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I'm An Introvert, And I'm Okay

Why being an introvert is something to embrace, and not be ashamed of.

As a child I just thought of myself as shy. I just didn't have the confidence of some of my friends, who seemed much more at ease with most things. I hated speaking in class, dreaded doing any form of presentation, struggled to converse fluently with my parents' friends or my friends' parents. Being the centre of attention was often unbearable, things like school plays were terrifying. I spent a lot of time as a kid, red and sweaty through blushing. It's not a good look.

As I got a bit older and into my teens I still labelled myself as shy, but I decided that was never going to be enough and so I added awkward and nervous to the list too. Talking to girls was alright once I knew them, but I could never approach a girl I didn't know and strike up a conversation. I tried believe me, it makes my toes curl even now thinking about some of those moments. There's a whole book I could write just in that, suitably titled 'How Not To Chat To Girls, If You Want To Get With Them'.

I was often the quietest person in any room I was in, or so it felt. The strange thing was, to the people I was closest to and trusted, I wasn't shy or awkward at all. Yes I was quieter than most people but I wasn't really short on confidence or personality. But, at times I thought I must appear to be boring because I was quiet; other times I felt people thought I was arrogant because I didn't seek out conversation or would withdraw to the safety of the corner of the room and to people I was most comfortable with.

In my twenties and thirties I gradually learnt to accept this quieter, more withdrawn aspect to my personality but more out of a sense of defiance from not being able to 'work a room' or 'network' effectively. Networking is still a concept that strikes abject fear in me. It's a skill I am still utterly devoid of. But, with a stubborn rejection of what others could do seemingly effortlessly, I dug deep and forged a way of becoming more extroverted. It was hard work but I managed to somehow create a version of myself that could function effectively in the 'real world'. As a result I worked successfully in television production for over a decade, running and managing teams. I've been the Managing Director in my family business for over 20 years, where I have had to manage, motivate and communicate with a team of up to 25 people. In fact people often commented that I seemed to have a calm demeanour - little did they know how hard I was often pedalling below the water.

In my forties I was able to justify rarely wanting to be in the company of people I didn't know well, because I was married with young kids, and it's really easy to circulate within the groups of friends you feel most comfortable with - plus kids give you a whole new array of fascinating subject matters to discuss such as sleepless nights, nappy changes and baby vomit; plus alcohol seems to be a totally acceptable means of self medication amongst the new parent brigade. I am a lot better at talking shit when I have had a few drinks.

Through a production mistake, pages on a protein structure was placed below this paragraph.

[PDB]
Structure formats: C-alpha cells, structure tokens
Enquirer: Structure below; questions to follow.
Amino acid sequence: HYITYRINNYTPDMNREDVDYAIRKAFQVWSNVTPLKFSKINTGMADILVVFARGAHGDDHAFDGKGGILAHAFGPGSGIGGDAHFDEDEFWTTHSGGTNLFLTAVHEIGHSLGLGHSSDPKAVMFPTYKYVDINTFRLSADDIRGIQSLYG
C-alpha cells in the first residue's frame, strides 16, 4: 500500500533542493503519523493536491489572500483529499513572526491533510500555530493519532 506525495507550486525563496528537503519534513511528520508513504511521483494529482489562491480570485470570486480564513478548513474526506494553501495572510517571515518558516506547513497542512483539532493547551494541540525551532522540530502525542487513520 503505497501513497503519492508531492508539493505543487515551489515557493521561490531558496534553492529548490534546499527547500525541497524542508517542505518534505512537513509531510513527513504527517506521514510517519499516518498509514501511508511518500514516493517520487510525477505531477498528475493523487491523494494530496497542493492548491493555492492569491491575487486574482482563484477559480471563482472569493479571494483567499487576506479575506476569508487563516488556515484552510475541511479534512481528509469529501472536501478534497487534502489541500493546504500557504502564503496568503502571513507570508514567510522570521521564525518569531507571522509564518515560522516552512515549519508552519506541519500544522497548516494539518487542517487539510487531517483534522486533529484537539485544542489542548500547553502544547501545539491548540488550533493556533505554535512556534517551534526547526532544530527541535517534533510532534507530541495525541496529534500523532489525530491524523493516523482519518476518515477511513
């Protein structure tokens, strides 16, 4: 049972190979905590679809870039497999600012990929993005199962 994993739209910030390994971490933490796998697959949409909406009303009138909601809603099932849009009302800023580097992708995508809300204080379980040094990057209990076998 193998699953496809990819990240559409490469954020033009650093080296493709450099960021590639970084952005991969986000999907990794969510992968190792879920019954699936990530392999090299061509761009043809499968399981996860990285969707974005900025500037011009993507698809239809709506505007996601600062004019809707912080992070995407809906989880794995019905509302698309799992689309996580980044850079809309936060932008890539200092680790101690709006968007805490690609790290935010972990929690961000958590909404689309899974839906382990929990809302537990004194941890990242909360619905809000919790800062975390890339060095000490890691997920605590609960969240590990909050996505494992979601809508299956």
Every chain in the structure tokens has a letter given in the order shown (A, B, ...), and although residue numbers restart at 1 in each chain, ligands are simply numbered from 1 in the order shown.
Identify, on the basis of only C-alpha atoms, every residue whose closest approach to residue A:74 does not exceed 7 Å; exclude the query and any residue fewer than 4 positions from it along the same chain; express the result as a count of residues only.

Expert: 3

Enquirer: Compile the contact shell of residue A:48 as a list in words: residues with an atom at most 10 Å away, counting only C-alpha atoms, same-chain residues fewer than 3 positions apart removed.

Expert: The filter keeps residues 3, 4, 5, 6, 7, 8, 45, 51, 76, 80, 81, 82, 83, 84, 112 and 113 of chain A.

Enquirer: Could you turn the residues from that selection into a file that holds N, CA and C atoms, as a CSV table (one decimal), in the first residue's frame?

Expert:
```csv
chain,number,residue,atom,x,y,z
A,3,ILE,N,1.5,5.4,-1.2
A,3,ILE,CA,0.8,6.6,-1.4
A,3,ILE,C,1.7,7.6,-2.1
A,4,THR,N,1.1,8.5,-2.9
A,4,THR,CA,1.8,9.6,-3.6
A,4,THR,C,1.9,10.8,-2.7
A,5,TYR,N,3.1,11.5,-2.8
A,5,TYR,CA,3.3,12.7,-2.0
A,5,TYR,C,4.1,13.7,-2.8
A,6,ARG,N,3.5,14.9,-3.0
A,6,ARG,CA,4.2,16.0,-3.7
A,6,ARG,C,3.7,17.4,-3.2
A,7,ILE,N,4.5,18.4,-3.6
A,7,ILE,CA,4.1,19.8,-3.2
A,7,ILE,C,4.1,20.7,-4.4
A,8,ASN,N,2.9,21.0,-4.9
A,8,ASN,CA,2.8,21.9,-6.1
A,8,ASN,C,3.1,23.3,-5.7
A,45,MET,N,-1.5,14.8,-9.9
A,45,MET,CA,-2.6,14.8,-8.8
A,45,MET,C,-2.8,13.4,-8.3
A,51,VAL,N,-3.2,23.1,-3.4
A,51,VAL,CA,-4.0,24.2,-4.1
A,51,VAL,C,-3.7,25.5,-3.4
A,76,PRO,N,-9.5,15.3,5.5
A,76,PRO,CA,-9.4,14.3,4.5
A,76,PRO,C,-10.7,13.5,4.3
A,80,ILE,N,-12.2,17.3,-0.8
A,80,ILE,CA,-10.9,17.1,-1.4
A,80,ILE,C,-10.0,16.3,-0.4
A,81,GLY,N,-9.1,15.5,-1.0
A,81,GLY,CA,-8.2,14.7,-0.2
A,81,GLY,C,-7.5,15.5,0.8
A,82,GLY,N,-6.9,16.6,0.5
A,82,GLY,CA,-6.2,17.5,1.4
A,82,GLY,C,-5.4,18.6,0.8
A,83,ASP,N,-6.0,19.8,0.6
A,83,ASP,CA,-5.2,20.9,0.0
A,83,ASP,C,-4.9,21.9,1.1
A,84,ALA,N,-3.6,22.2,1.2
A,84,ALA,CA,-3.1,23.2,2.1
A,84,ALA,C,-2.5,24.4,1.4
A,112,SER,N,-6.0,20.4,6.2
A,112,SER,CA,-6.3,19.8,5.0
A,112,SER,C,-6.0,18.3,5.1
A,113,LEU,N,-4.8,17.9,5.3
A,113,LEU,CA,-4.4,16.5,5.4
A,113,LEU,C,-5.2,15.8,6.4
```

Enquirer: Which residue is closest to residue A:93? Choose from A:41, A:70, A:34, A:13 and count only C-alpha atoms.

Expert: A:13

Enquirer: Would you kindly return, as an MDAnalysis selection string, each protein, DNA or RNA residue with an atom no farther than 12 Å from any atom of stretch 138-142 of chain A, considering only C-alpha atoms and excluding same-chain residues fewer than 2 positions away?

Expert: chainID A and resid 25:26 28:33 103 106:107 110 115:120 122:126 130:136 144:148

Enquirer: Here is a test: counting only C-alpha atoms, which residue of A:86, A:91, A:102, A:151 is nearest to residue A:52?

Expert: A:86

Making small talk (when sober) has always been incredibly difficult, and as I've got older I've become less and less tolerant of it too. As an introspective person I tend to think quite deeply, and small talk often feels so forced and pointless, and even to this day I really struggle with it.

The world right now seems to reward and fawn the extroverted. We are living through the celebrity age where attention is the currency and the ability to talk to anyone about anything are considered absolute basic survival skills. Online too, you have to find your way through all the noise. To stand out often means being the loudest, in whatever form that may take.

All of the above can leave those quieter souls amongst us feeling, at the very least discouraged, but at the worst, downright isolated. There have been times I have felt both of these in large measures. I silently huffed and puffed at the way others seemed to be able to get ahead through the use of their personality and outward bluster, whilst this just wasn't an option for me.

Then a few years back I read an article, I can't even find it now unfortunately, but it changed everything about the way I thought of myself. It taught me to embrace being an introvert by focusing on the positives, and no longer dwelling on any negatives. It even argued that there weren't any negatives to being an introvert.

Introverts often enjoy, even love, their own company. Extroverts often need to be in company and struggle when they are alone.

Introverts listen more, they watch more, they see more, and perhaps sometimes adversely, they feel more.

Introverts live life at a slower pace. We are watchers.

Introverts are often extremely creative people.

Introverts ironically make great leaders, because they don't want to always be centre stage and allow others to shine.

Introverts tend to look after themselves, recharging their energy with quiet solitude after socialising.

Less is more. There's already too much noise, too much chat, too much information out there. Introverts are doing their bit to help with the pollution of the social environment. (Introverts are good for the planet.)

Mystics have been telling us for centuries that the answers are inside of us all along, and the real journey is inwards not outwards. Maybe we just know that instinctively. Introverts cut out the middle man.

I am an introvert, and I'm really proud of it now. I have learnt to love the aspects of me that I judged and condemned so harshly in my younger years. I love the person that being introverted has made me.

When you can learn to see your introversion as a superpower and not your kryptonite......the sky is the limit.

Up, up and away.

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